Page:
As we wrap up February, emotions can be mixed. Resolutions may have been made/broken, we may start envisioning the year slipping by, or we may be excited about what’s to come. Wherever we’re at, we deserve self-love. Self-love unfortunately like many things in the emotional wellness field can come off as a fluffy buzz word. However, when we consider the opposites, such as, self-loathing, self-criticism, self-deprecation and how many struggle with self-love  then that buzz word has weight. It becomes so much more than just fluff.

Self-love, isn’t about being vain, egotistical, indulgent, or materialistic. It’s about being loving and kind to self. It’s everything from being in touch with a sense of self-worth to setting appropriate boundaries. Self-love can be seen in two main practices, self-compassion and self-acceptance.

Self-compassion refers to treating ourselves with love and kindness. Often those who struggle with self-compassion, are willing to give compassion to others, understand their point of view, account for their challenges, however, tend to not extend this to themselves. Sometimes it can be that self-compassion triggers guilt or shame. Particularly if we already have a view that we aren’t worthy, or it may be that we hold ourselves to a higher standard. Neither of these perspectives are loving and kind to self. If struggling with self-compassion, bringing in mindfulness can be useful. Starting with noticing moments we’re in need of self-compassion and moments we aren’t being loving/kind to self, to create room for this practice.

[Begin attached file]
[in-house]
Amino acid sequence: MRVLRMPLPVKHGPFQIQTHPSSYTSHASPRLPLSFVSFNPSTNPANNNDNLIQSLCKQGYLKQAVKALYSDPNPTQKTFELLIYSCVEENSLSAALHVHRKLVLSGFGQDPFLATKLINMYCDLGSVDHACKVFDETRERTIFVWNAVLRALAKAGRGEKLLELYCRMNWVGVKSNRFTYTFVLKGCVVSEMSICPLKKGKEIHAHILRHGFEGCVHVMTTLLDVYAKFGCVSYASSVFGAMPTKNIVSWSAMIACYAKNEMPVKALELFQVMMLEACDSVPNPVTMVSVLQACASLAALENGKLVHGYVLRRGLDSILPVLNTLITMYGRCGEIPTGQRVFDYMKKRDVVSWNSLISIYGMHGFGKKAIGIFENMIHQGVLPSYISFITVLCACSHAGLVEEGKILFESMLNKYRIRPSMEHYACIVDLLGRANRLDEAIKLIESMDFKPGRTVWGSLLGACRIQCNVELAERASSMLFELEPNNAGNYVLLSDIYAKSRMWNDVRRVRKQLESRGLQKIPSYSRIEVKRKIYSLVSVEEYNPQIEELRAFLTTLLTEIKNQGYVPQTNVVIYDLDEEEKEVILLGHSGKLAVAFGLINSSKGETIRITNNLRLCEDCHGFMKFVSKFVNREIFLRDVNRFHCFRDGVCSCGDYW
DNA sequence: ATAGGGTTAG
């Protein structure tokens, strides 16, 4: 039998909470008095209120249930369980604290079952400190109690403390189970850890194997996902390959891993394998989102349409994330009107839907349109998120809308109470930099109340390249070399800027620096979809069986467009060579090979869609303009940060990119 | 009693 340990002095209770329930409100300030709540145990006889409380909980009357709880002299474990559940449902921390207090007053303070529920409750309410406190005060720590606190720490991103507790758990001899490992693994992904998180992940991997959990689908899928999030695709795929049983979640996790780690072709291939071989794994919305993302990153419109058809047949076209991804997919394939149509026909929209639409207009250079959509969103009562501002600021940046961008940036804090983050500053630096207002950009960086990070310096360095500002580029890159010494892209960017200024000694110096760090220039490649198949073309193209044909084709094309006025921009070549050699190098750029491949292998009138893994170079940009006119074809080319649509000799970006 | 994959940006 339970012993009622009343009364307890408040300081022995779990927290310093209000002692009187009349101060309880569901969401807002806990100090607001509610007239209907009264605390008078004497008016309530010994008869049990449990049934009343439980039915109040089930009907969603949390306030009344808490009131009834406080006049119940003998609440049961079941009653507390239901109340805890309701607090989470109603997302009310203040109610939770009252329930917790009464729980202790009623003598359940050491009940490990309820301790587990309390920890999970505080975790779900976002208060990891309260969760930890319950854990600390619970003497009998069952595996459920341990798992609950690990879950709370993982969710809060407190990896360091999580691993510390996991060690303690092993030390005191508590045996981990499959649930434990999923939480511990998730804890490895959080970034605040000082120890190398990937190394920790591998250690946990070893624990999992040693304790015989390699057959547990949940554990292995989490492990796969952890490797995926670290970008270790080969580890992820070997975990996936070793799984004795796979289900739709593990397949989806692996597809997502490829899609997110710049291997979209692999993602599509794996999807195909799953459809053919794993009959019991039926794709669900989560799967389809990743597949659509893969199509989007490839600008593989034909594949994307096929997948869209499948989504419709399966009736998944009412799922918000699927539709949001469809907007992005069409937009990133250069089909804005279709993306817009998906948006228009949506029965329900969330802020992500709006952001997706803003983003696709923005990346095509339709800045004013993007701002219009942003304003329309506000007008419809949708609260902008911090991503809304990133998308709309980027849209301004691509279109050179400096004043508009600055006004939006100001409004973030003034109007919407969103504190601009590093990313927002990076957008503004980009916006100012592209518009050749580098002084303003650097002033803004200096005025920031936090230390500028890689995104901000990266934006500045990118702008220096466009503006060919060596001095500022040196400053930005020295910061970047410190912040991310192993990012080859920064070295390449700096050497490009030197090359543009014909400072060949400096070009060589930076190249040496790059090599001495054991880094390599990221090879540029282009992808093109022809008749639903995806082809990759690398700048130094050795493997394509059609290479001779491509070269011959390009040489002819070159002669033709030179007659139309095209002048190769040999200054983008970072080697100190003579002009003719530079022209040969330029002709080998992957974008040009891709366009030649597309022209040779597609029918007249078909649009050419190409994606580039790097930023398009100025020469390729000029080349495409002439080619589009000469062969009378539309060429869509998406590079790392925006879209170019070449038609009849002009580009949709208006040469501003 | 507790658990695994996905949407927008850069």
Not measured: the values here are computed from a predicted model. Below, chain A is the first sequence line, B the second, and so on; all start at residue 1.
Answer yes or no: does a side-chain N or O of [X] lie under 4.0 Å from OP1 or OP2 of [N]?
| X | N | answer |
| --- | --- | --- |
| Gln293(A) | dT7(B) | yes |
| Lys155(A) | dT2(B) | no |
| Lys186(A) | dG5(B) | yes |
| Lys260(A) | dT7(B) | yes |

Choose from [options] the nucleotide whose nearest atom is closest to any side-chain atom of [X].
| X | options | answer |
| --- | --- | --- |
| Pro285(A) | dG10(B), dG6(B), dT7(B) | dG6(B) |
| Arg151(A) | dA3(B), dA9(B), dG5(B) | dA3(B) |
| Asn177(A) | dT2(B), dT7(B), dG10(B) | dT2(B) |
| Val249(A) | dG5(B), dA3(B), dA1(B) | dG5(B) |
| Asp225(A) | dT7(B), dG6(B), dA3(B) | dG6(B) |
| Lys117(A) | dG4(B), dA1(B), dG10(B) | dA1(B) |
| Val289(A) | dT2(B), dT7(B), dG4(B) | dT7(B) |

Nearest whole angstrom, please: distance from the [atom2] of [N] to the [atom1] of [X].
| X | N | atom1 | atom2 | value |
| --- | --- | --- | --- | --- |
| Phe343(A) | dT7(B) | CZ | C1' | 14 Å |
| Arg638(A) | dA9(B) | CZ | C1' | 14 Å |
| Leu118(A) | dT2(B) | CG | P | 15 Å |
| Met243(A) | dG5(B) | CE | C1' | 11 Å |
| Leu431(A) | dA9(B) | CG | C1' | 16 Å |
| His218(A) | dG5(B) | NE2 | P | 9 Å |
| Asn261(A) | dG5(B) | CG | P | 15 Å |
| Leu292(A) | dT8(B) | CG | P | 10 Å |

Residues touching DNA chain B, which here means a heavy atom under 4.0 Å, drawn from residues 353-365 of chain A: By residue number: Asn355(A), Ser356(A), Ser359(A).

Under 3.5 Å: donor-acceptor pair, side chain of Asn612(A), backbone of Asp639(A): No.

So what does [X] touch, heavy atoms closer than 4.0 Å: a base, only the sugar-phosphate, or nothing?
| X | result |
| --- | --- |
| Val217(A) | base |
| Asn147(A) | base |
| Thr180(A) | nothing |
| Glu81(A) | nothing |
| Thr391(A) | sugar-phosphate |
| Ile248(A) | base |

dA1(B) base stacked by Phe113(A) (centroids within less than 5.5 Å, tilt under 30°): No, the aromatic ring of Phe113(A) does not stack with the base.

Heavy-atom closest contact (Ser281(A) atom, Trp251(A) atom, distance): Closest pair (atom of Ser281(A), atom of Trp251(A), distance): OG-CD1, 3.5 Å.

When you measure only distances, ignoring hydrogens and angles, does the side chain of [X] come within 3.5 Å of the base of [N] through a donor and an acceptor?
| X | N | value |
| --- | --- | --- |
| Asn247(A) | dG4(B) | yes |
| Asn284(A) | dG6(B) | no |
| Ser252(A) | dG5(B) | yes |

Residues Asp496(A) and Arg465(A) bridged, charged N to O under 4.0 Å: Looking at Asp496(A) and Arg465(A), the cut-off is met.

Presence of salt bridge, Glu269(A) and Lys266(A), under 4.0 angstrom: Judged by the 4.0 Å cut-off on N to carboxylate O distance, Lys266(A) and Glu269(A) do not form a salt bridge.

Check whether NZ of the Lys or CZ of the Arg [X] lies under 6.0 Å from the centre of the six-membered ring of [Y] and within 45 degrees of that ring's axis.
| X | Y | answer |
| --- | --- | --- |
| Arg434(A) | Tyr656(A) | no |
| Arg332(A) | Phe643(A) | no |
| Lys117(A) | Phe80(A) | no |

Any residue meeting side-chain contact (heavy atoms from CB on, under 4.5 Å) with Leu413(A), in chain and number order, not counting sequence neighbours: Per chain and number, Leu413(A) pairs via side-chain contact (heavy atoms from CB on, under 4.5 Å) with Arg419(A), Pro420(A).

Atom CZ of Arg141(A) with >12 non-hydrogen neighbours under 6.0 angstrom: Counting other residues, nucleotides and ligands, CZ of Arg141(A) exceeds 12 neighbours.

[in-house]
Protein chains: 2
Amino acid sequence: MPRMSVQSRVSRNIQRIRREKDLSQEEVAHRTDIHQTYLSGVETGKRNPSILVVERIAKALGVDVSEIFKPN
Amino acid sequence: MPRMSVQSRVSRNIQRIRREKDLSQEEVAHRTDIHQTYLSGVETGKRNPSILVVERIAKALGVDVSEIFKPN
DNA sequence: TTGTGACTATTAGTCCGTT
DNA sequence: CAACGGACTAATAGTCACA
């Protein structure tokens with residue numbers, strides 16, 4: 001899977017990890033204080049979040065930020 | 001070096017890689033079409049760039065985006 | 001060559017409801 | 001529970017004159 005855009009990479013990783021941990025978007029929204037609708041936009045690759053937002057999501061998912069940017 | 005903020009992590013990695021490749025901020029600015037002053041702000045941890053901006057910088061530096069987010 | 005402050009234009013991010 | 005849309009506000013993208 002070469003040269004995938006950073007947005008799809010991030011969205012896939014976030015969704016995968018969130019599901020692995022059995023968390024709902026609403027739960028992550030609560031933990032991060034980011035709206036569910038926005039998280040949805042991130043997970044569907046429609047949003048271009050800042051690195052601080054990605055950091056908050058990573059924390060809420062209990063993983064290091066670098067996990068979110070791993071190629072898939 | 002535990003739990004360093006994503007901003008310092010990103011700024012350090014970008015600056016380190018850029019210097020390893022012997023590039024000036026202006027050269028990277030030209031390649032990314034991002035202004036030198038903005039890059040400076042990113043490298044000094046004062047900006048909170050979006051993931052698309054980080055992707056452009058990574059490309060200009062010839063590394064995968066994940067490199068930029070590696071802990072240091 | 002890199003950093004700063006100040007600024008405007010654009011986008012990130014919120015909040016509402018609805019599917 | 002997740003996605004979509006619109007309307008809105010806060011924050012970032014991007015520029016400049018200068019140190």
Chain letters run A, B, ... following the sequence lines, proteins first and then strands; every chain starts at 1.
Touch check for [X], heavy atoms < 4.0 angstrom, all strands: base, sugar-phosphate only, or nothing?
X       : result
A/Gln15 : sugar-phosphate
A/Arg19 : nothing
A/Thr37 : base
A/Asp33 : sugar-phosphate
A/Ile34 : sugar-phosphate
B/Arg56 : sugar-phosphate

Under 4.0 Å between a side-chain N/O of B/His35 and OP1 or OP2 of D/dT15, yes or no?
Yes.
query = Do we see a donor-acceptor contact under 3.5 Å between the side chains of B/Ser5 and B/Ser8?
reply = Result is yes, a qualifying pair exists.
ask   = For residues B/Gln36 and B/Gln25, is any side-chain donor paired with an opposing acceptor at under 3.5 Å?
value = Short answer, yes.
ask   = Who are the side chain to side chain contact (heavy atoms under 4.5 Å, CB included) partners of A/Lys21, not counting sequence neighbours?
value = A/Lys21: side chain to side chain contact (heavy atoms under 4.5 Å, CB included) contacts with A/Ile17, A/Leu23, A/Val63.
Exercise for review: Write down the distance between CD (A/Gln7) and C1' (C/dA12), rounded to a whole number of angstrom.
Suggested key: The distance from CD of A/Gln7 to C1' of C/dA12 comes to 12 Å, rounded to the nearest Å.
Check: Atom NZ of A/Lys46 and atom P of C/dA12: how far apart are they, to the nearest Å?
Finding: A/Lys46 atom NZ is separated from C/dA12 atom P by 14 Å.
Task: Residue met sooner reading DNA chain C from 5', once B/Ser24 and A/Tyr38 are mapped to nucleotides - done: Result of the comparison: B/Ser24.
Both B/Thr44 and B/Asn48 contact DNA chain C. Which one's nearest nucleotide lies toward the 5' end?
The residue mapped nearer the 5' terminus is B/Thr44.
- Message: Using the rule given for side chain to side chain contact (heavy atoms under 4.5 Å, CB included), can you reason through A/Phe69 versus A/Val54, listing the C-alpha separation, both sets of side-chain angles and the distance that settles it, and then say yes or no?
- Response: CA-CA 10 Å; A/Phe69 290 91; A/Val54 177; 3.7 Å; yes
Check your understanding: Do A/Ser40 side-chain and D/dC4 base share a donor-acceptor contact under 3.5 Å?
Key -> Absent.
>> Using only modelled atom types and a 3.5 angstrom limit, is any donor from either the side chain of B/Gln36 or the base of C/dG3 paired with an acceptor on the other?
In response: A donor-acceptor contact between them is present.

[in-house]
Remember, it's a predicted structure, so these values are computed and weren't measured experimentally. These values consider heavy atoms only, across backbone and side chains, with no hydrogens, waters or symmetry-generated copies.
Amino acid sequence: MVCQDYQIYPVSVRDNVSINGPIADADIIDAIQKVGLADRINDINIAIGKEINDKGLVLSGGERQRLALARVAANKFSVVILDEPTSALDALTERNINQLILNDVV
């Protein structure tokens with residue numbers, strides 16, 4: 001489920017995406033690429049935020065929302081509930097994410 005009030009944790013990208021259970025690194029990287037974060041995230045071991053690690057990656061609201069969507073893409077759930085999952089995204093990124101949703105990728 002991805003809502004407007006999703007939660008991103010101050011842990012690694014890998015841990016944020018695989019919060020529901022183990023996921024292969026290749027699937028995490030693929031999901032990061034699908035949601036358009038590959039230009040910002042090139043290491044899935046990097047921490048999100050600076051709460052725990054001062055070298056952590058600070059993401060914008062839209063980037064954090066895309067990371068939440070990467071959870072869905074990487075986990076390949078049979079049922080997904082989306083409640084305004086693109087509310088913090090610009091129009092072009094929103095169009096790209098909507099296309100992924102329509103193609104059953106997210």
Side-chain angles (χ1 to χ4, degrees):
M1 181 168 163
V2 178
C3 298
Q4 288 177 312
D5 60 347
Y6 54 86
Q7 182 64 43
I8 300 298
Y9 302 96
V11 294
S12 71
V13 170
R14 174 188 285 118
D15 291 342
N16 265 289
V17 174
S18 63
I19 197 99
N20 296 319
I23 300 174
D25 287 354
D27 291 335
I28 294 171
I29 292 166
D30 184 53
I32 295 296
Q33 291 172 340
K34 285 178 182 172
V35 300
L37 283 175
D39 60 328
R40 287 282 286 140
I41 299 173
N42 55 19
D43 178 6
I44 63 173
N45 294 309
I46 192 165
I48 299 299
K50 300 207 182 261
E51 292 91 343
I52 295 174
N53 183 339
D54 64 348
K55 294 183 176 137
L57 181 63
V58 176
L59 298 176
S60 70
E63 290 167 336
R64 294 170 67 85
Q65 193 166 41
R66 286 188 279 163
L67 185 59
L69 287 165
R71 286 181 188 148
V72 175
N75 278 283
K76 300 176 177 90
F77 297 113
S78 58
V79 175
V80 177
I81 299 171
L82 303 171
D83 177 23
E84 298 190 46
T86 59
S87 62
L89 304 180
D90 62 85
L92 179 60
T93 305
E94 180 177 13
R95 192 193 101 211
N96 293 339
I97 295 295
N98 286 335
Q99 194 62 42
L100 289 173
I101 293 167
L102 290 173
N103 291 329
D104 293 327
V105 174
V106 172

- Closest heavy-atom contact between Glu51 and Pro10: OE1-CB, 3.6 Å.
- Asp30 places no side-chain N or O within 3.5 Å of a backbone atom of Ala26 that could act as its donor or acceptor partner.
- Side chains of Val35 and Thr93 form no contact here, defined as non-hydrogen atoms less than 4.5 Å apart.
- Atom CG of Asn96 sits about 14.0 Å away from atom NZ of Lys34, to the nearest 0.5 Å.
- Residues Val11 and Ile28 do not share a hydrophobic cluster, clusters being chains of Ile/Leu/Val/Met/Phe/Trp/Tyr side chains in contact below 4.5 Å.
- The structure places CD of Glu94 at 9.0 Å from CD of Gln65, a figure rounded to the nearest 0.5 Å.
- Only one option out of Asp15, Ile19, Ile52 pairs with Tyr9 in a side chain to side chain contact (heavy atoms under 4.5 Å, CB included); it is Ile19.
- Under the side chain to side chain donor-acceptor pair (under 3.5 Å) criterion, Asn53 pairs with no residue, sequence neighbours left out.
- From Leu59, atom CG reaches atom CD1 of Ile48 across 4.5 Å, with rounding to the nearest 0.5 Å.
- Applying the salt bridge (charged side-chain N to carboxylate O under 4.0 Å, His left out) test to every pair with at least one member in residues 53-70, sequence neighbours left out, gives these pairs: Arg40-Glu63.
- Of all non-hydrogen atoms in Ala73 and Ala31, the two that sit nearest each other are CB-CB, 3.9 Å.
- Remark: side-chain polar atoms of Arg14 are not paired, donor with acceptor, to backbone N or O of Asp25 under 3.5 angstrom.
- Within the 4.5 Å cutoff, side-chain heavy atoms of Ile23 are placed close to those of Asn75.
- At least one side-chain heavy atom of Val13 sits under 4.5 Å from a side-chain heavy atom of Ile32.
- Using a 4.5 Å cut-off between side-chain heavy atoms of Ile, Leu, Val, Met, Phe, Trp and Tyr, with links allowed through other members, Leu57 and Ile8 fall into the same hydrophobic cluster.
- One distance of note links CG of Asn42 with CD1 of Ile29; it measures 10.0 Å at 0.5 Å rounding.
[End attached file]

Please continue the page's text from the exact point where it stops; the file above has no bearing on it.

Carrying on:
Self-acceptance, is a bigger quandary. While our critical/judgmental mind turned inward can be useful for motivation and growth, it can become a source of thoughts related to deficiencies, feelings of unworthiness, actions such as compare/despair. At its basics self-acceptance refers to accepting one’s whole self, - strengths, struggles, quirks and all. In practice is where self-acceptance can get mucky. Challenges such as navigating acceptance while holding goals and aspirations can make self-acceptance difficult. The practice of self-acceptance can be understood as awareness and gratitude (ie. I accept myself as I am in this moment, I’m grateful for all that I am). One way of resolving self-acceptance and wanting growth is to be mindful that part of the present self includes the self that aspires, the self that’s able to reflect, want and go after that growth.

That is a self worthy as is. That is a self worthy of love.